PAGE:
Everyone agrees that there is a housing crisis in this country. Most people think this is a crisis of supply and many trace the origins of the crisis back to the 1980s. For example, the journalist James Meek, in a much-discussed essay on the subject in the London Review of Books, argues that the Thatcher government “artificially raised market rents by choking off supply—by making it impossible for councils to replace [the houses sold off under the “Right to Buy” scheme].” We’re paying for those policy choices today, Meek suggests.
Danny Dorling, a professor of geography at Oxford and the author of several books on social inequality, tells a rather different story of what he calls the “great housing disaster” in his new book “All That Is Solid”. I spoke to Dorling about the book last week.
DD: I look at the number of rooms in houses rather than the actual number of buildings. I should say, though, that I’d be very happy with building upwards in London and in expanding out in to the Green Belt in parts of the south-east of England. Where there’s inordinate demand, I think you should try to meet that demand. So I’m not against building. But I do think we could house ourselves much better given what we’ve already got. Increasingly, our problem is that we’re using housing less and less efficiently. And that’s a great waste of resources.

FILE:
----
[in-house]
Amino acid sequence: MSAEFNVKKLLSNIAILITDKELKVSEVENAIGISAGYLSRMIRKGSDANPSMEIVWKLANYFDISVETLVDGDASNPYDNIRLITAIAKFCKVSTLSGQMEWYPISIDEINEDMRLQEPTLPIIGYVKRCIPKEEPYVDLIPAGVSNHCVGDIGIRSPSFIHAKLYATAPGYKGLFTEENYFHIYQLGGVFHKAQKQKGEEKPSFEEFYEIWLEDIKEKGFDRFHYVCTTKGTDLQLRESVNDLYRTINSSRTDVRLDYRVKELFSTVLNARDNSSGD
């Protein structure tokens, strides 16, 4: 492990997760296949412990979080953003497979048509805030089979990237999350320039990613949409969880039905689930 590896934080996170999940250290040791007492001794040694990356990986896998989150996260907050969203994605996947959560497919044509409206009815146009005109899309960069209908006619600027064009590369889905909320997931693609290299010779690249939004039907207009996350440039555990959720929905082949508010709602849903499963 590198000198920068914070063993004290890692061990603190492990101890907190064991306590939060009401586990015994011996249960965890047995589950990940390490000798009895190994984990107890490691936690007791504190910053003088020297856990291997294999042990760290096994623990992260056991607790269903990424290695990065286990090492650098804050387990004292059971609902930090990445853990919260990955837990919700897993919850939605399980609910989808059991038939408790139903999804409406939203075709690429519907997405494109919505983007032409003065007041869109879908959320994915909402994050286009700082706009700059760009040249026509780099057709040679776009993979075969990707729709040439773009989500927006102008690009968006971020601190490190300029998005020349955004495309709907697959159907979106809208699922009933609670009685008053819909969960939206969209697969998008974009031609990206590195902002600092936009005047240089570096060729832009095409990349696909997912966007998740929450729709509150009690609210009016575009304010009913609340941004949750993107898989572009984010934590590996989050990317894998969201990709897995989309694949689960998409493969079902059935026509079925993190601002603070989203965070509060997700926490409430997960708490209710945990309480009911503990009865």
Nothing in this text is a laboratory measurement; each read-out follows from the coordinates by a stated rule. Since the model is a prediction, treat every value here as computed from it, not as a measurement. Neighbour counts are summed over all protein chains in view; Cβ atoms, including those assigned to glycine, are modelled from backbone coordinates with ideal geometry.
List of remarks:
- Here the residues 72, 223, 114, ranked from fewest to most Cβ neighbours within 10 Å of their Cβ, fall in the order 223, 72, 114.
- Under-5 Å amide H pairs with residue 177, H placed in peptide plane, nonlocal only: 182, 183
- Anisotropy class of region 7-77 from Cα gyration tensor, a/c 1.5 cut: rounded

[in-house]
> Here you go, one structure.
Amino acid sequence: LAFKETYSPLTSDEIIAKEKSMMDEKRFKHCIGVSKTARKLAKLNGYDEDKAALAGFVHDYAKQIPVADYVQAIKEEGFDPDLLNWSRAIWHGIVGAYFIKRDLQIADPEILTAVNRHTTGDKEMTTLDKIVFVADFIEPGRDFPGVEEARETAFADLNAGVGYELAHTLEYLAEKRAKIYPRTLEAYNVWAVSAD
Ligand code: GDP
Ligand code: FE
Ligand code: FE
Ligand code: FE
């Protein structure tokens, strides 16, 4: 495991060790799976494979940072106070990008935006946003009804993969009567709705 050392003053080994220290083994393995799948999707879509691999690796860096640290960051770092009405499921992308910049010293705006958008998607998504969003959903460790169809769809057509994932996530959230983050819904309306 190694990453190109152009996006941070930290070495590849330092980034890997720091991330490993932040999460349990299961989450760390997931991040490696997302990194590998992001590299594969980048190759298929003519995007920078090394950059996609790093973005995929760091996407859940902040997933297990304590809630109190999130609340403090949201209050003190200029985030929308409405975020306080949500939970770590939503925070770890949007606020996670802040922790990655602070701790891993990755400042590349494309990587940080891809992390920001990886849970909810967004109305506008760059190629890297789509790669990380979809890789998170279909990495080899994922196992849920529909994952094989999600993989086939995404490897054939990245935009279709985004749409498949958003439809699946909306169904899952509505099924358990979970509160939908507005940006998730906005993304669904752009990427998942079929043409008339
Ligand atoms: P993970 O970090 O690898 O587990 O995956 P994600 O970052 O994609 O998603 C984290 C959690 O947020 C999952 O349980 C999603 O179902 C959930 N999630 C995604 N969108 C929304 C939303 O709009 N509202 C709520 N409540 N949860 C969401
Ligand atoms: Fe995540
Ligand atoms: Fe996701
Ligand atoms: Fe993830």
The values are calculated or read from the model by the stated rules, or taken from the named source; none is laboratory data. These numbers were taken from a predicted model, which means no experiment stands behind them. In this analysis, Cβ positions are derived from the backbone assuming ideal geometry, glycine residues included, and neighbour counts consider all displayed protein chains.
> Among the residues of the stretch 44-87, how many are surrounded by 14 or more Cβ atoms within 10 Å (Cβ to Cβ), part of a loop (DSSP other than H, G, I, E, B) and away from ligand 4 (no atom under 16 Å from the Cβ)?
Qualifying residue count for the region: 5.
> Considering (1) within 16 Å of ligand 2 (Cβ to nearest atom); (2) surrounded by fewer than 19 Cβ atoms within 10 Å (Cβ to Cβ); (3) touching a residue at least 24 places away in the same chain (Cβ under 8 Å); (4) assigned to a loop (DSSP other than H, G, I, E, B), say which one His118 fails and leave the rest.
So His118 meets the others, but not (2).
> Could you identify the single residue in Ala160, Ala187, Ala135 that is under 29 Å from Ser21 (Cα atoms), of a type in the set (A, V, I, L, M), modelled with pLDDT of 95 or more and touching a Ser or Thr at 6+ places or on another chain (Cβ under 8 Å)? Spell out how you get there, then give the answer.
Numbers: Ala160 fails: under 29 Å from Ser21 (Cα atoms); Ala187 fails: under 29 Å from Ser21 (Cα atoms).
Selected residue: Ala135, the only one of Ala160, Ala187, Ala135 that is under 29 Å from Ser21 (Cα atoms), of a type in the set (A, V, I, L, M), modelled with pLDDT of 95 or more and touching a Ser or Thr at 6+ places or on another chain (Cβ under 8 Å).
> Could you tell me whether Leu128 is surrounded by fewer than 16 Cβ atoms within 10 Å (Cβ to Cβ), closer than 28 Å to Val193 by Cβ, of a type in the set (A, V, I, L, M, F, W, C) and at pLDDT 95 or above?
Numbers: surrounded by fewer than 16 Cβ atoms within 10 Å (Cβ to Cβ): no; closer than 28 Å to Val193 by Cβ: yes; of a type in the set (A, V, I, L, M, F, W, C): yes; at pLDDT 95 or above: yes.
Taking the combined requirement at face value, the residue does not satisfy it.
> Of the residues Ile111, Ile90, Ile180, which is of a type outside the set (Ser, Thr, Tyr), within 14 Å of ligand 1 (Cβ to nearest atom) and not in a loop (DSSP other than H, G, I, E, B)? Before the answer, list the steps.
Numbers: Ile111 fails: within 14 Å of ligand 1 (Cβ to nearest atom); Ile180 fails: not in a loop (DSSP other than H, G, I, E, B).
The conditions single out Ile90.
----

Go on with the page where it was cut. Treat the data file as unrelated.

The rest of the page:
JD: So under-use and under-occupation is, in your view, a very significant part of the problem here?
Yes. After the 2011 consensus, which was the first one to count bedrooms, the problem becomes really stark. Our ratio of people to rooms has never been lower. Yet we’ve built an awful number of extra rooms—we’ve built into attics, we’ve built on to garages. This has been people trying to solve the housing problem themselves. They build these extensions on their property when their family is getting to its maximum size, and that’s part of the reason why we now have so much unused housing. The kids do actually leave—they don’t all stay at home.
For you, then, whilst the problem of supply is real, it’s actually a tributary of a much deeper problem—namely, inequality?
The housing crisis is one of the repercussions of growing income inequality. Income inequality begins to grow at the start of the 1980s.…